Following the very public July 14th resignation of New York Times opinion editor Bari Weiss, the Zionist Organization of America (ZOA) revealed the creation of a new hotline, “for journalists at the The NY Times or any other media outlet to call to report any antisemitism, anti-Israel bigotry, bullying, or harassment they are experiencing.”
Weiss made an unorthodox and controversial decision to post her resignation letter on her personal website that has since gone viral and become a leading topic of cable news shows and daytime network shows like The View. The letter, addressed to A.G. Sulzberger, the publisher of the New York Times, describes Weiss’ disappointment with the lack of ideological tolerance at the paper.
Weiss’s accusations of harassment and bigotry are all the more shocking since she was hired, “with the goal of bringing in voices that would not otherwise appear in your pages…”. In the aftermath of the 2016 election, major media outlets, including the Times, dismissed Trump voters and therefore failed to predict the presidential election outcome. As a part of its post-election soul searching, the paper made strategic hires in an attempt to diversify voices. In her resignation letter, Weiss concurred that the 2016 election upset proved the newspaper “didn’t have a firm grasp of the country it covers.”
Weiss, a Jewish, pro-Israel, pro-choice, bisexual writer says that after being hired she was subjected to “constant bullying by colleagues” who disagreed with her views. Weiss wrote that some coworkers “insist[ed] I need[ed] to be rooted out if this company [for it] to be a truly ‘inclusive’ one, while others post[ed] ax emojis next to my name.”
She accused her superiors of knowing about the harassment and doing nothing to stop it. “Showing up for work as a centrist at an American newspaper should not require bravery.”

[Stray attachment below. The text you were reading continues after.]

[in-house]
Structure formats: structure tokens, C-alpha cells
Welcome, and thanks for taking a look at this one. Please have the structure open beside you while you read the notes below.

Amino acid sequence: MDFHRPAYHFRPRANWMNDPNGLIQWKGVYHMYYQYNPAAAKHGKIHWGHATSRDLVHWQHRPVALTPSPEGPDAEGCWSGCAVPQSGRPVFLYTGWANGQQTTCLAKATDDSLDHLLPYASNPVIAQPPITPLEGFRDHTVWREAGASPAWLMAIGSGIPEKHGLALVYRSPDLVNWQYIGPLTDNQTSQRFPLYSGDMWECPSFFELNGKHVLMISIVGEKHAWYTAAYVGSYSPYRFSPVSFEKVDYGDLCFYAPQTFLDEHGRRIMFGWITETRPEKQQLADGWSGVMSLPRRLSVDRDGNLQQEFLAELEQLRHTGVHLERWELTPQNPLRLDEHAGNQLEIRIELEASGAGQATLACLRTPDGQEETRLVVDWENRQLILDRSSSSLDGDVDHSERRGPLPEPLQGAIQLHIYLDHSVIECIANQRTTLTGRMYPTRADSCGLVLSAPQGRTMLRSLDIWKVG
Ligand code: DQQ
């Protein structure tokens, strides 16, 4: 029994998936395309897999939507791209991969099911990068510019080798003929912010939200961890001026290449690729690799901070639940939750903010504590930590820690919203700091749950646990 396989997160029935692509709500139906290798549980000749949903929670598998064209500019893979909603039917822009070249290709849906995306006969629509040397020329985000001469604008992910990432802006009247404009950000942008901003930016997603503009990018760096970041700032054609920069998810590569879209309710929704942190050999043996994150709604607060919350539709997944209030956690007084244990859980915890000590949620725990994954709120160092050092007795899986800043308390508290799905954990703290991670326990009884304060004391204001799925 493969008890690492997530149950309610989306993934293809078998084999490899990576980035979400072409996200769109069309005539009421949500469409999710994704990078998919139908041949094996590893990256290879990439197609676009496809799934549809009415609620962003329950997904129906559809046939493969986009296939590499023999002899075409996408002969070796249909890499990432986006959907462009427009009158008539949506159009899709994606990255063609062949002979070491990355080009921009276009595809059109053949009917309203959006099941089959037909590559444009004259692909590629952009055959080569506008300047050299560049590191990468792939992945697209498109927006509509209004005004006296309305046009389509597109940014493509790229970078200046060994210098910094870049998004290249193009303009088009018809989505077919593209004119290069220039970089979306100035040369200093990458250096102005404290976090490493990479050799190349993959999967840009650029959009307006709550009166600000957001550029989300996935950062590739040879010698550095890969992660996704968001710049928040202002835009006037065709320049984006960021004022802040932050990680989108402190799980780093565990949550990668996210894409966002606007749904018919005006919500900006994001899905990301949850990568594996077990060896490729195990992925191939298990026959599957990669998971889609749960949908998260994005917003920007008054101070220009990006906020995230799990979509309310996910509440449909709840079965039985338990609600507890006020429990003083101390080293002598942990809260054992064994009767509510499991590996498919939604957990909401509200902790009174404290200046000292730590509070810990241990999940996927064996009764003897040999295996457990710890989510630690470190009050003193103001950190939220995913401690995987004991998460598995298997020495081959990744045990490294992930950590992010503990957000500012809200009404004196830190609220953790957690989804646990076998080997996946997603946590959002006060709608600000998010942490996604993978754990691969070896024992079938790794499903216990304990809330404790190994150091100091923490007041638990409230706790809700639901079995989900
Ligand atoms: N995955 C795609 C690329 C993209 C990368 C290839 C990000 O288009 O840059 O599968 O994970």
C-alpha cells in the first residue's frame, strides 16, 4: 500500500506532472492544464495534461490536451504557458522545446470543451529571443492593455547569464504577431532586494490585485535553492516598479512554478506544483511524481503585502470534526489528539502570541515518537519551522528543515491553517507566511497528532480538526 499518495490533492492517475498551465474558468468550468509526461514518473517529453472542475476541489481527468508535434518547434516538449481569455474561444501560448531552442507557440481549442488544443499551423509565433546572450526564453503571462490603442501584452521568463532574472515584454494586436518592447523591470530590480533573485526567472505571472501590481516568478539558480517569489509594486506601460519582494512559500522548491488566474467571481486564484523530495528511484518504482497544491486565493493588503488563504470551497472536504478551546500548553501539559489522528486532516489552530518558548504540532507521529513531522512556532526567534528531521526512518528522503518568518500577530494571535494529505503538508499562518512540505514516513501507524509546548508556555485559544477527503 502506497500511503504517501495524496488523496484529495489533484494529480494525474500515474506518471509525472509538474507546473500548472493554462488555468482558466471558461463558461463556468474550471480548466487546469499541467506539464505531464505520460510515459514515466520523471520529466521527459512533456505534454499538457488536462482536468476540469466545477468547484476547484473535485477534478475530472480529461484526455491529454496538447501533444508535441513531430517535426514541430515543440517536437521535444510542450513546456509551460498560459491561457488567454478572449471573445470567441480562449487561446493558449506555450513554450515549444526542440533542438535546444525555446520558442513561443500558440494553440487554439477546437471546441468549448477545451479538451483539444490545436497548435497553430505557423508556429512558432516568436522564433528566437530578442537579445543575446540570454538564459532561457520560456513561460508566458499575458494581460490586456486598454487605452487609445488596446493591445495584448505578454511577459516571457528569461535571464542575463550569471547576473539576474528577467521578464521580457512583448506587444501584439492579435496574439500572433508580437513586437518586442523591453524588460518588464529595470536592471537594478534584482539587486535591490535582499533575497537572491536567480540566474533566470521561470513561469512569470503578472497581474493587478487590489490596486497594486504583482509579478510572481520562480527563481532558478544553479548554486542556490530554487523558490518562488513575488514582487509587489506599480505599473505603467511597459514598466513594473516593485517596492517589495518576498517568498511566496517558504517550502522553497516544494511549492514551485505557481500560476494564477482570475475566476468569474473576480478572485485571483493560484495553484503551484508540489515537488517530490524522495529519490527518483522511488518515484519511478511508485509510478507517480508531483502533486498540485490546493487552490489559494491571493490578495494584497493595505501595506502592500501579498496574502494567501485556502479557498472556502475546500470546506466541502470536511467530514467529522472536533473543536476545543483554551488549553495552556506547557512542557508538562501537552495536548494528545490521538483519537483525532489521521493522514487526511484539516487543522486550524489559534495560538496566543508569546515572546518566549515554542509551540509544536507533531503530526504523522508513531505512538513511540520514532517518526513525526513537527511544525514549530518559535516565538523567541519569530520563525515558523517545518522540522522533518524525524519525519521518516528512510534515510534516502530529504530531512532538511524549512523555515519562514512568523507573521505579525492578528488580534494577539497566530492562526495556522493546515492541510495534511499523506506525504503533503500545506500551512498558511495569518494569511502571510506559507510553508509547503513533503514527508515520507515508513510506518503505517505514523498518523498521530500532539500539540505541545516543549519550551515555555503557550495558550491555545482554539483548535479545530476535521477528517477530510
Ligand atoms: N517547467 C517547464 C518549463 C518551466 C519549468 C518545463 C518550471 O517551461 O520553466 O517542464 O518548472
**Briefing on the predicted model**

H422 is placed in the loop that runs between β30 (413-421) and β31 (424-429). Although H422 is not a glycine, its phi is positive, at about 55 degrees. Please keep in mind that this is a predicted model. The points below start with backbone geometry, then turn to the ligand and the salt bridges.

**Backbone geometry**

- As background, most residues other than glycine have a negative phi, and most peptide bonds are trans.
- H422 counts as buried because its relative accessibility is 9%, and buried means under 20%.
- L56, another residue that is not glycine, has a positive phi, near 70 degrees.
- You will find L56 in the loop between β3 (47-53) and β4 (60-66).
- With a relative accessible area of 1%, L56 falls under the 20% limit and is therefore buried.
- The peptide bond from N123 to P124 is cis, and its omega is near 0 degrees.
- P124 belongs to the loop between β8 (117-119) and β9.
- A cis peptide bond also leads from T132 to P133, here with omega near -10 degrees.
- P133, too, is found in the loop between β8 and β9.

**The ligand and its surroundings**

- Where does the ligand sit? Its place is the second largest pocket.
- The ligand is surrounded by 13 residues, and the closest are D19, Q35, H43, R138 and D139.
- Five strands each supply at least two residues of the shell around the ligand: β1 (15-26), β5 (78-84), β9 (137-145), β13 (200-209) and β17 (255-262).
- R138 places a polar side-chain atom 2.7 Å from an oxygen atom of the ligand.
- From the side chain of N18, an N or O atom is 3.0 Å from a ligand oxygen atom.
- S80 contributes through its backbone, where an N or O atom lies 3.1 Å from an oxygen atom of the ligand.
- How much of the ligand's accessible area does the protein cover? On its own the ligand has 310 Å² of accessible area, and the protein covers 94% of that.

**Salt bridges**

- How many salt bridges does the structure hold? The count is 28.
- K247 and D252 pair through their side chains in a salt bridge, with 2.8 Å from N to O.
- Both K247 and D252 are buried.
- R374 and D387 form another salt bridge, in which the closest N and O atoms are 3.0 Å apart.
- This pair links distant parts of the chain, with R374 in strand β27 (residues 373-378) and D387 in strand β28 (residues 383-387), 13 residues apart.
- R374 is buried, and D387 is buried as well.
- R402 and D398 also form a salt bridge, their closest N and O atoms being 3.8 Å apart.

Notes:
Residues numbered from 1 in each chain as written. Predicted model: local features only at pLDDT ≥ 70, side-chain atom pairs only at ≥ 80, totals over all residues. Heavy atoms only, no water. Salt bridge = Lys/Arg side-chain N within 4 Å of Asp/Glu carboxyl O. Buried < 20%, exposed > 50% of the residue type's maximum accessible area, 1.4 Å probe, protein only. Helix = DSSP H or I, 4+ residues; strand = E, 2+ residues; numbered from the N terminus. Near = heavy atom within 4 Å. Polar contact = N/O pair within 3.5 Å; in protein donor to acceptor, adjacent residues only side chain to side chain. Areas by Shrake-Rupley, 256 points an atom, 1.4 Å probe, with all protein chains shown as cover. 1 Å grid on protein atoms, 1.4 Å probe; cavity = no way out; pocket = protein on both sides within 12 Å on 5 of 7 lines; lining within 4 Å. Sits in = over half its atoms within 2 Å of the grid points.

She also decried the ideological conformity and intellectual elitism infecting the NY Times, “… truth isn’t a process of collective discovery, but an orthodoxy already known to an enlightened few whose job is to inform everyone else.”
ZOA condemned the, “antisemitic work environment now on full and public display at The New York Times.” The statement continued, “Bari Weiss’s decision to resign from her position as a writer and editor at the Times highlights the problems of journalists who call out antisemitism on the right and the left, and stand up for Israel.”
ZOA quoted Weiss’s resignation letter where she revealed that, “her Times colleagues called her ‘a Nazi and a racist’ and criticized her for ‘writing about the Jews again.’”
In their statement, ZOA encouraged journalists who are facing antisemitism to reach out to their organization:
“To all journalists: We are with you and we are here to help you. ZOA has a long and proud record of effectively fighting antisemitism and standing up for the rights of Jews and those that support Israel. We do it in the courts, in Congress, in the media, in schools, and on college campuses. Rest assured, ZOA will stand up for you, too.
“If you have been bullied, harassed, or even threatened for expressing support for Jews or Israel, please contact us. We will guide you and stand up for your right to express those views – and the public’s right to hear them.”